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Stroke fears over arthritis pills.

Hundreds of thousands of patients taking commonly prescribed painkillers have been told to see their doctor to discuss their treatment.

The Medicines and Healthcare Products Regulatory Agency (MHRA) issued new advice on the antiinflammatory drugs known as Cox-2 inhibitors, frequently used to treat arthritis sufferers. It follows growing concern they may increase the risk of heart attacks and strokes.

Just last week, Pfizer announced that a US study had found that its drug Celebrex, taken by an estimated 600,000 patients in the UK, increased the risk of heart problems and stroke.

This also followed the worldwide withdrawal in September of Vioxx, another Cox-2 inhibitor, by makers Merck Sharp & Dohme, after a long-term study showed an increased risk of heart attacks and strokes after 18 months or more of use.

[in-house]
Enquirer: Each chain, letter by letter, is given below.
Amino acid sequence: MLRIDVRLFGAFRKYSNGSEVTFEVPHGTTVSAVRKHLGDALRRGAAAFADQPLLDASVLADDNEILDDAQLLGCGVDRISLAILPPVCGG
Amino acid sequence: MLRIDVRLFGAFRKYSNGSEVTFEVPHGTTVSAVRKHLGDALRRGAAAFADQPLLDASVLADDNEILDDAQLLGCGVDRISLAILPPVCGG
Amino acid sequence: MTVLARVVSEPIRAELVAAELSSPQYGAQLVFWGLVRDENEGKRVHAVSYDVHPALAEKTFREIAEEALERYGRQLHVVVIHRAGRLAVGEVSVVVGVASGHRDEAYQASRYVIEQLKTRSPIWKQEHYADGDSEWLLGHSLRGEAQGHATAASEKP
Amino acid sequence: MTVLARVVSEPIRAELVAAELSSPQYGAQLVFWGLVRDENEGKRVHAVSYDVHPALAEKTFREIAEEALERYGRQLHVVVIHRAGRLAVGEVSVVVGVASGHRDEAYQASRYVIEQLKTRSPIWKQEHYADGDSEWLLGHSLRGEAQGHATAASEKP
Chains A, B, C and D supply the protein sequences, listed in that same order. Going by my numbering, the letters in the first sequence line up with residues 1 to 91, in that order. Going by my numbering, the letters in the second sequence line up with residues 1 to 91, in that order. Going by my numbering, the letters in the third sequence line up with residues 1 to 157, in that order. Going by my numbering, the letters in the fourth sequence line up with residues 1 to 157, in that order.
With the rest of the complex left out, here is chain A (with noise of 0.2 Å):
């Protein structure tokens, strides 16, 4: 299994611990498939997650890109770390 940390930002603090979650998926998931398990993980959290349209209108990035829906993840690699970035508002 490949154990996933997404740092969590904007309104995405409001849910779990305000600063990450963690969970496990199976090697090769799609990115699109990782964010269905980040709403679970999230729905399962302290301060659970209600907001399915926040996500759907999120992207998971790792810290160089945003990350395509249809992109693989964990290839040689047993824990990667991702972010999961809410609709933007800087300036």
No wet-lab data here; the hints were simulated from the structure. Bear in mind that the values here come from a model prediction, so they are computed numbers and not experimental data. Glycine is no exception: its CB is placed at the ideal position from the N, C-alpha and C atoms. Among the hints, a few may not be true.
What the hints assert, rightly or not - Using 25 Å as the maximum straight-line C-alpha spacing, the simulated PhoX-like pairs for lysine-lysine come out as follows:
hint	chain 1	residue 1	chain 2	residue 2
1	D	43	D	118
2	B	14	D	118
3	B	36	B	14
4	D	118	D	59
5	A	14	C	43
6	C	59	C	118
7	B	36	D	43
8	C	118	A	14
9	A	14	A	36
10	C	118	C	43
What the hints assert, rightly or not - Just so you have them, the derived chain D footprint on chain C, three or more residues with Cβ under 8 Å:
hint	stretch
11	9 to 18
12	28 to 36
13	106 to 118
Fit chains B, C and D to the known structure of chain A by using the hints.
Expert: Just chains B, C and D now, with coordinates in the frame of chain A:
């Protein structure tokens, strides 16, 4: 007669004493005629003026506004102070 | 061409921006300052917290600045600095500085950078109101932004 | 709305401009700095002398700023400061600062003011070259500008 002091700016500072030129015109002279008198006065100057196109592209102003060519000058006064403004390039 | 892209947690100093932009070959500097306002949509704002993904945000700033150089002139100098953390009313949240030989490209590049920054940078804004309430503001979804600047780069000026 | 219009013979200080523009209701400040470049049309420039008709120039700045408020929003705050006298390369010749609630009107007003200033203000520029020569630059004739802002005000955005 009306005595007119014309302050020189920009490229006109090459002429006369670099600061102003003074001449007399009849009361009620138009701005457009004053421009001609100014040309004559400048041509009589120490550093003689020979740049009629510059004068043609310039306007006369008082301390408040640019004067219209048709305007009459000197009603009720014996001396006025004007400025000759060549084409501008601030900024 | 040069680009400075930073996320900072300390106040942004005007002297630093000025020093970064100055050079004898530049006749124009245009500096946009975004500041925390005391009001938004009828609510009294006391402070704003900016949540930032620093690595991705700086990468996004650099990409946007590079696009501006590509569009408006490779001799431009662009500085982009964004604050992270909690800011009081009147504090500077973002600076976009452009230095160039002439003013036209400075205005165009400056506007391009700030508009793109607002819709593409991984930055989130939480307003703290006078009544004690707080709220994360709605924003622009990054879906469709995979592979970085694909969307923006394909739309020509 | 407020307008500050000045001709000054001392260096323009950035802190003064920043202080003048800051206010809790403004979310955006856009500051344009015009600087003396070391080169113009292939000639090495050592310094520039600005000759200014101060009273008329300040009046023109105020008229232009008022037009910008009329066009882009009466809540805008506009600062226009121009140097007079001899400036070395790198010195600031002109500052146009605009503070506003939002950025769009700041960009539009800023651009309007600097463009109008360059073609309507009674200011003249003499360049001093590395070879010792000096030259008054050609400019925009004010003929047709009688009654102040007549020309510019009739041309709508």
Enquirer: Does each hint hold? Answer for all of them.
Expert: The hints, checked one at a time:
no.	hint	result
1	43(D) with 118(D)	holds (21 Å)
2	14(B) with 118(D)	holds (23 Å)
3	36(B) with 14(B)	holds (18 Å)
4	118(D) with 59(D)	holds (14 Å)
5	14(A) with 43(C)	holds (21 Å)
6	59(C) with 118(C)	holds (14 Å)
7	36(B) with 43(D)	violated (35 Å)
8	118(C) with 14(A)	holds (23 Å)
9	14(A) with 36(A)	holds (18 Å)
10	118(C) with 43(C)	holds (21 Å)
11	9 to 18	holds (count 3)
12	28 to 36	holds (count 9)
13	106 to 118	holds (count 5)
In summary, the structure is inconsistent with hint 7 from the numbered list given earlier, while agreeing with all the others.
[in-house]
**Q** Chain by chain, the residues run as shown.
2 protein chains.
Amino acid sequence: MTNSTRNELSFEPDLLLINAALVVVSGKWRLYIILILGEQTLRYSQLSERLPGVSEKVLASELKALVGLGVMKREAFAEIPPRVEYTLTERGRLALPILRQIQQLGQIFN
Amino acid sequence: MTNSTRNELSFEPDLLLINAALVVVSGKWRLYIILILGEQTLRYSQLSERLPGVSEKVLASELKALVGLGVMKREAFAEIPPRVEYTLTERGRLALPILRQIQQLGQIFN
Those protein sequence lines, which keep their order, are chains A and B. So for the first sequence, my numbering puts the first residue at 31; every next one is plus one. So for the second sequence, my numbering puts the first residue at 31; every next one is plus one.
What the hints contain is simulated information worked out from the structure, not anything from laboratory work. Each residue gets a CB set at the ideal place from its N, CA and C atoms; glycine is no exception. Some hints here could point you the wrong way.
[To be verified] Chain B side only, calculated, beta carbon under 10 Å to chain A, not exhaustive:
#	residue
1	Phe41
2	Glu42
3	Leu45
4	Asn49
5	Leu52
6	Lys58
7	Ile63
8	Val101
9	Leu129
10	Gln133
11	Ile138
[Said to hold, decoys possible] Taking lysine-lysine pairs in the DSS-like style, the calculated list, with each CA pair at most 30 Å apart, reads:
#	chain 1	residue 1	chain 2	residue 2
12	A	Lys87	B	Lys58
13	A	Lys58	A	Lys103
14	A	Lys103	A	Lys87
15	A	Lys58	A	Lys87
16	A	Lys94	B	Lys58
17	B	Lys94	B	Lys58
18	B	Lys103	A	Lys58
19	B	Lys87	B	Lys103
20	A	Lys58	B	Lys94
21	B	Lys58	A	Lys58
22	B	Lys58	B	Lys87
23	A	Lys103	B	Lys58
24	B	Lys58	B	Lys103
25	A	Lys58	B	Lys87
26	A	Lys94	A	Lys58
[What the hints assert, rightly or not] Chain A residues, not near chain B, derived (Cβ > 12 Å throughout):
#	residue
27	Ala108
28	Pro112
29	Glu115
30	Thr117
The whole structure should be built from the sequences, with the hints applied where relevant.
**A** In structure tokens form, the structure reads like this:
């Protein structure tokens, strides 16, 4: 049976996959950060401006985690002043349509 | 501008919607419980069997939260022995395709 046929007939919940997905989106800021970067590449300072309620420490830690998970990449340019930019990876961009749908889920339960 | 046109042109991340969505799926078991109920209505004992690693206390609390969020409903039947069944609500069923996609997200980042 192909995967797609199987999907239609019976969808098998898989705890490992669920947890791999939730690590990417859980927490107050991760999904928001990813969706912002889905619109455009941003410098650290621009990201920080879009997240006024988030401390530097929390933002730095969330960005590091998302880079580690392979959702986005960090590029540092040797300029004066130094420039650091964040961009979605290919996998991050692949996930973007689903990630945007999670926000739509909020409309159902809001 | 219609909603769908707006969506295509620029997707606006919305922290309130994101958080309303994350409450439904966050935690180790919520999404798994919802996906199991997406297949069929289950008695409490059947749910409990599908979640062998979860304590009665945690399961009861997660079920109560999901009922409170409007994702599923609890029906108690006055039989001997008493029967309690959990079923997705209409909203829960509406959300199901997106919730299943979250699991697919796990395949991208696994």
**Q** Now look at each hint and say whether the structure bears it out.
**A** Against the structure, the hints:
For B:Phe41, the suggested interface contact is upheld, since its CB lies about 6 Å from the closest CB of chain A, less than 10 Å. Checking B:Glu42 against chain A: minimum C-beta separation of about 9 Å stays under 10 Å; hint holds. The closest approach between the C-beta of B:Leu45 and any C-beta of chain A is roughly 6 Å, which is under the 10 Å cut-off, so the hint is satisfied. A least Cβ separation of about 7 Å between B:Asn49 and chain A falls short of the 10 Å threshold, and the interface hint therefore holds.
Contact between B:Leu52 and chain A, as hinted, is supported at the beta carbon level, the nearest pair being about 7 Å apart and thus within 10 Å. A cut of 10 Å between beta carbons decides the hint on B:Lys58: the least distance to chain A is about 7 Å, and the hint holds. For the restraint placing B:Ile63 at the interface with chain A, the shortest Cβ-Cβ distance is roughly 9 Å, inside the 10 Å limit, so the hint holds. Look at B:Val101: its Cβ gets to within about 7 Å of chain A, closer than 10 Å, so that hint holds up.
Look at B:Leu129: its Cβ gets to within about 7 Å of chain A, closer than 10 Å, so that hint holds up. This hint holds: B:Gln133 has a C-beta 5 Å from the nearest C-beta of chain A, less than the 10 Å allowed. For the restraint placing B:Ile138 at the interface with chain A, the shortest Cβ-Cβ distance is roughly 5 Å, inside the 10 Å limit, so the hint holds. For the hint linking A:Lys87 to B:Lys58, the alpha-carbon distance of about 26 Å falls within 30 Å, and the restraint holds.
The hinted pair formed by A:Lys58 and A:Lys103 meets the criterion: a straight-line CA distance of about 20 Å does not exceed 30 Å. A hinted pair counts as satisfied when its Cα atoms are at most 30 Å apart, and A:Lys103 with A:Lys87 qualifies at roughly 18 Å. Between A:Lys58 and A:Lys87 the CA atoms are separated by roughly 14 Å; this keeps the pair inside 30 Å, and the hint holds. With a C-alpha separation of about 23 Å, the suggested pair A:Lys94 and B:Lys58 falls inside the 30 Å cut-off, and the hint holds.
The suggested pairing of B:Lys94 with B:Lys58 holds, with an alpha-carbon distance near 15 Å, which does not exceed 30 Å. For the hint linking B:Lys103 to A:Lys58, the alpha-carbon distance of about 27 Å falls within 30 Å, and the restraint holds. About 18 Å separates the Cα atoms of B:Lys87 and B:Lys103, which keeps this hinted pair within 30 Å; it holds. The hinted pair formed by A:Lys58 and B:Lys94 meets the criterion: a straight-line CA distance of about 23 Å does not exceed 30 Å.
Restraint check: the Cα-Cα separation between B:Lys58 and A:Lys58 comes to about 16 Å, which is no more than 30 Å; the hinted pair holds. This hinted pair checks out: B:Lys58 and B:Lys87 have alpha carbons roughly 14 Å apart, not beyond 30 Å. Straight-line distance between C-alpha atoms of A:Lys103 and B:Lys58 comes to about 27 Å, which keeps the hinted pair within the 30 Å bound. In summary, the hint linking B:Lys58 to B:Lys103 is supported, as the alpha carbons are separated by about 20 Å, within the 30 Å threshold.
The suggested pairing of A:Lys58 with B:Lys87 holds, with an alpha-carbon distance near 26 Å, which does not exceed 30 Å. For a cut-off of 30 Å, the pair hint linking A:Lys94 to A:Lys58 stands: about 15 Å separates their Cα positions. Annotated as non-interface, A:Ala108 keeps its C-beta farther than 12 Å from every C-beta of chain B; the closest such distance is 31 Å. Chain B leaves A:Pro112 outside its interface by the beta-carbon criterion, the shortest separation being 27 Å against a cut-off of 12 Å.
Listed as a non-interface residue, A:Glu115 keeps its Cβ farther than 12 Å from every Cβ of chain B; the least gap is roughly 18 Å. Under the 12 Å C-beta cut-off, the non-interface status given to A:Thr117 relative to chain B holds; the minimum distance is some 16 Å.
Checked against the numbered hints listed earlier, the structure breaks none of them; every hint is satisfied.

The MHRA says that patients taking Celebrex, Bextra and Arcoxia should make a non-urgent appointment with their GP to review their treatment.The watchdog said that patients who had established heart disease or who were at high risk of a stroke would have their treatment changed.

Celebrex and other Cox-2 inhibitors are used to treat pain and inflammation in osteoarthritis and rheumatoid arthritis, and also in the management of acute pain. Many patients were switched to Celebrex after the withdrawal of Vioxx earlier this year. On Friday, Pfizer said that one cancer prevention trial of Celebrex, conducted by the US Cancer Institute, showed that it more than doubled the risk of heart attacks and strokes.

However, another trial did not reveal any increased risk of heart problems.

Professor Gordon Duff, chairman of the Committee on the Safety of Medicines, said: 'The Committee on the Safety of Medicines is waiting for the study data. Once this is available, the committee will carefully consider this and issue further advice.
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Publication:The Birmingham Post (England)
Date:Dec 22, 2004
Words:297
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